66. 66. States that pass interest expense to employers State Type of debt assessment Arkansas Title XII Colorado Bonds Connecticut Title XII Delaware (potential risk for 2014) Title XII Illinois Bonds Indiana (multiplier included in base rate) Title XII Kansas (paid by negative balance employers) Loan from state fund Kentucky (surcharge applies in 2014) Title XII Michigan Bonds Missouri Title XII Nevada (to apply in 2014) Bonds Page 66 Employment tax year in review
  67. 67. States that pass interest expense to employers State Type of debt assessment New Jersey Title XII New York Title XII Pennsylvania Title XII/Bonds Rhode Island (sunsets in 2015 if loan paid in full) Title XII South Carolina Title XII Virgin Islands (effective 2013) Title XII Wisconsin (bill proposes for state to partially fund in 2013) Title XII Page 67 Employment tax year in review
  68. 68. Case in point UI rates are sometimes incorrectly calculated The Minnesota Court of Appeals ruled that the Minnesota Department of Employment and Economic Development incorrectly set the state unemployment insurance (SUI) rate for a newly-formed employing unit at 8.3% rather than the new employer rate of 3.4%. At issue in the case was whether the department was correct in asserting that partial experience of the predecessor employer was required to be transferred to the successor employer because the entities were under substantially common management or control. (Continental Hydraulics Incorporation v. Department of Employment and Economic Development, No. A12–1654, 10 June 2013) Page 68 Employment tax year in review
  69. 69. Transfer of UI experience in partial acquisition (March 2013 – prior to acquisition) Snack Inc. Baker Inc. Cookies Chips (B. Sweet) Bread Co. Cakes Cookie Co. (J. Dough) Pie Co. In preparation for the sale on 1 April, Snack Inc. transfers B. Sweet to the cookie division and Baker Inc. creates Cookie Co. and transfers its employee, J. Dough, from Pie Co. to head the new company. Prior to the sale, there is common management between Snack Inc. and Cookie Co. Page 69 Employment tax year in review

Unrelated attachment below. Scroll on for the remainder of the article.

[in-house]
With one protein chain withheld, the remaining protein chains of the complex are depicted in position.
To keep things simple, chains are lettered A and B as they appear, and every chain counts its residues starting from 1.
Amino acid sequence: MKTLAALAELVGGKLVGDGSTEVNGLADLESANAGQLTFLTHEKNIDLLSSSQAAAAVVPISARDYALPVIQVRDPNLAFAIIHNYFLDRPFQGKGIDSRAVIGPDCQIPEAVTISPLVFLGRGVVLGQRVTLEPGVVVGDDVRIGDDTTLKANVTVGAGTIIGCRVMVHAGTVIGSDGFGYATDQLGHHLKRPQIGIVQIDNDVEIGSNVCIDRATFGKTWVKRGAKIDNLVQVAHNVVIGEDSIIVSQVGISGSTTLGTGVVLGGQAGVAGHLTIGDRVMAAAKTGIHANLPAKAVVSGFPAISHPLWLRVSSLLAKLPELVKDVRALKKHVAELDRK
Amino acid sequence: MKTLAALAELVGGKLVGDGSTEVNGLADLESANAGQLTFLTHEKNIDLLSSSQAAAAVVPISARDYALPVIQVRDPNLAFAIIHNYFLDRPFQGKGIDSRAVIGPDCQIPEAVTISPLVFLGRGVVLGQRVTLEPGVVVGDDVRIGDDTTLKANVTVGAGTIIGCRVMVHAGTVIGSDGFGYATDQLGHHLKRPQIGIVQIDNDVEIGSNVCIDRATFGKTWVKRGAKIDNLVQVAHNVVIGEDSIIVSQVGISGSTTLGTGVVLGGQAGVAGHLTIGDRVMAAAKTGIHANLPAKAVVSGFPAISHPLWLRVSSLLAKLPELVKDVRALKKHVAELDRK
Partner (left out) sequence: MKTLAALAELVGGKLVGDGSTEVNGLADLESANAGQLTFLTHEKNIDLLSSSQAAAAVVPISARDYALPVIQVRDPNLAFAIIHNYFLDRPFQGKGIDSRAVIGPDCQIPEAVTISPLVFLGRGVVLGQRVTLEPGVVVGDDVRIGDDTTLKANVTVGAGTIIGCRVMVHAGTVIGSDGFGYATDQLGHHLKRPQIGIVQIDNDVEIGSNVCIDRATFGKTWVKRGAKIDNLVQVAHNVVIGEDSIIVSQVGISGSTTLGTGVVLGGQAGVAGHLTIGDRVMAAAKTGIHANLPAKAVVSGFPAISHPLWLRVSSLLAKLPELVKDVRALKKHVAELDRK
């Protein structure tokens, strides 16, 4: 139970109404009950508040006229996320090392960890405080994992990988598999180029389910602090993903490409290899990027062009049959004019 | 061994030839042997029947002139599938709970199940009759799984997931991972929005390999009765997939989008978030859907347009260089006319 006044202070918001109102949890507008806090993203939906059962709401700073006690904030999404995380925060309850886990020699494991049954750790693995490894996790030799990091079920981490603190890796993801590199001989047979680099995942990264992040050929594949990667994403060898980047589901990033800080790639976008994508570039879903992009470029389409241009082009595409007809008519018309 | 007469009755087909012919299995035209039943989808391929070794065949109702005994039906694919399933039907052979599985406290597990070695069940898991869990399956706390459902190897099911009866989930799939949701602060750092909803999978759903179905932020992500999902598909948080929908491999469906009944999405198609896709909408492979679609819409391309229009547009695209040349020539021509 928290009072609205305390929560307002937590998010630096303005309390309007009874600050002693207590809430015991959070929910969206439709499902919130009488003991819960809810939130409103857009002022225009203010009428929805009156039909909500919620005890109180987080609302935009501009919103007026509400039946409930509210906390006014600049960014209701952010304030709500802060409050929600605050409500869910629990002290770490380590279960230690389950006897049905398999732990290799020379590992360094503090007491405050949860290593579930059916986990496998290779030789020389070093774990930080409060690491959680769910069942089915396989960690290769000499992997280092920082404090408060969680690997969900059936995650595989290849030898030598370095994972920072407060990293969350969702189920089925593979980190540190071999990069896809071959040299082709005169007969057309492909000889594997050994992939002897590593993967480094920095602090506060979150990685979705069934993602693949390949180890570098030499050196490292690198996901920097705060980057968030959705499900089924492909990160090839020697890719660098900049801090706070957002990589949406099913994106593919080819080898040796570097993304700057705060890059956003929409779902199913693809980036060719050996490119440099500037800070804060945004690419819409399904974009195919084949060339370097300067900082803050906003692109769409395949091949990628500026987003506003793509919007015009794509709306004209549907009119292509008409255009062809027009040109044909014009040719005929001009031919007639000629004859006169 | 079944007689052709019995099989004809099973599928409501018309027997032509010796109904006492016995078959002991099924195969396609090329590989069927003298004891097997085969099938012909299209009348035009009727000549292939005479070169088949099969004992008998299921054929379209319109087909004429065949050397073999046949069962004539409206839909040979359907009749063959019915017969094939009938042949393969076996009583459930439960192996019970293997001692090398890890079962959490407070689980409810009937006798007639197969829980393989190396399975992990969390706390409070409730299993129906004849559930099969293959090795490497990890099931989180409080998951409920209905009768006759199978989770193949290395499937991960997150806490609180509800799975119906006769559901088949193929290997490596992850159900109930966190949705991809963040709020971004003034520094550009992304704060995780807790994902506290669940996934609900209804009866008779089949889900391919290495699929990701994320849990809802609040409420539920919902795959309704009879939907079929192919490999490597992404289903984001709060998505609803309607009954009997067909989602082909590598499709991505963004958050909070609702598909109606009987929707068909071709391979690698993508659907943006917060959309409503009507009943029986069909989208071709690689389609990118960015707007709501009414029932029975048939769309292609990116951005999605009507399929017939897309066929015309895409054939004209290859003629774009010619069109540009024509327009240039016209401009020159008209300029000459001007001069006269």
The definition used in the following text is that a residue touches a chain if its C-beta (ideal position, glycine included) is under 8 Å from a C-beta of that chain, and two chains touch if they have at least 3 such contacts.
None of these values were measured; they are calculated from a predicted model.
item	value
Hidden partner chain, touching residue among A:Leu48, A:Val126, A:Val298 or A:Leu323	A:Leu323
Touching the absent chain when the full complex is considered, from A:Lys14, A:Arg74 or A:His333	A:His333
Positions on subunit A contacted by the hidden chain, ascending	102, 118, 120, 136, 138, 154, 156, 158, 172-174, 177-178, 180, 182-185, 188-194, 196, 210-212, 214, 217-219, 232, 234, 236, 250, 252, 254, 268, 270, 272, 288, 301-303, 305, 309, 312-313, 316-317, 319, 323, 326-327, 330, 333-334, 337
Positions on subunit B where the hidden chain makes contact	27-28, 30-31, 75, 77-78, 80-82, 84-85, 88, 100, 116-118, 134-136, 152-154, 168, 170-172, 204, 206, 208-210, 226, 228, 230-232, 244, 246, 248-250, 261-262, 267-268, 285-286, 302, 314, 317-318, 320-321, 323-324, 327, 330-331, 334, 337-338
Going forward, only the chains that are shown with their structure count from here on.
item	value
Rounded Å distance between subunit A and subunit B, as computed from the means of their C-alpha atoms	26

70. 70. Transfer or UI experience in partial acquisition (1 April 2013 – day of acquisition) Snack Inc. Baker Inc. Cookie Co. Bread Co. Chips Cakes (J. Dough and B. Sweet) Pie Co. On the day of the acquisition, there is no longer common management between Snack Inc. and Cookie Co. and, under Minnesota law, transfer of UI experience does not apply. Page 70 Employment tax year in review
  71. 71. UI integrity – Responding to UI claim notices ► Under the federal Trade Adjustment Assistance Extension Act of 2011, an employer’s account is required to be charged for unemployment insurance overpayments that are caused by: ► ► ► An employer’s (or an agent of the employer’s) pattern of failure to respond timely or adequately to a state’s request for information All states were required the adopt the provision by 22 October 2013 States may adopt a stricter standard than “pattern of failure”: ► ► Page 71 Under Iowa’s UI integrity provision, the charging provision applies the first time a UI benefit overpayment occurs and the employer did not adequately and timely respond to the state’s request for information Under New York’s UI integrity provision, an employer can be forgiven for the first such failure if good cause can be shown Employment tax year in review
  72. 72. States that have enacted the UI Integrity Act of 2011 (as of 31 October 2013) WA MT ME ND OR VT MN NH ID WI SD MA NY MI WY RI NV PA IA NE IL UT CA NJ OH IN DE WV CO VA KS MO CT DC MD KY NC TN AZ OK NM AR SC MS AK TX AL GA Legislation enacted LA HI FL Legislation pending Bill not yet introduced 22 October deadline for compliance will be missed Page 72 Employment tax year in review Applies after 1 to 2 offenses
  73. 73. Claims management isn’t just good business, it’s the law ► ► ► An employer’s individual UI rate is primarily influenced by the amount of benefits charged to its account Claims are the most significant variable over which employers have a measure of control The primary goal of claims management is the identification and elimination of fraudulent or erroneous benefit charges: ► ► Supporting the claims management program are processes that bring efficiencies to the hiring and firing practices of the business There are four key processes in an efficient claims management program Page 73 Employment tax year in review
  74. 74. Claims management Four key processes Educate and train Benchmark Benefit statement audit Claim review Page 74 Employment tax year in review
  75. 75. Polling question What steps have you taken to make sure you respond timely and fully to UI notices under the new laws? A. We are just now reviewing this issue B. We have discussed gaps and how they will be addressed with our claims management team C. We need more information D. Don’t know/does not apply (EY, faculty, alumni, other) Page 75 Employment tax year in review
  76. 76. State income tax withholding goes retro Page 76 Employment tax year in review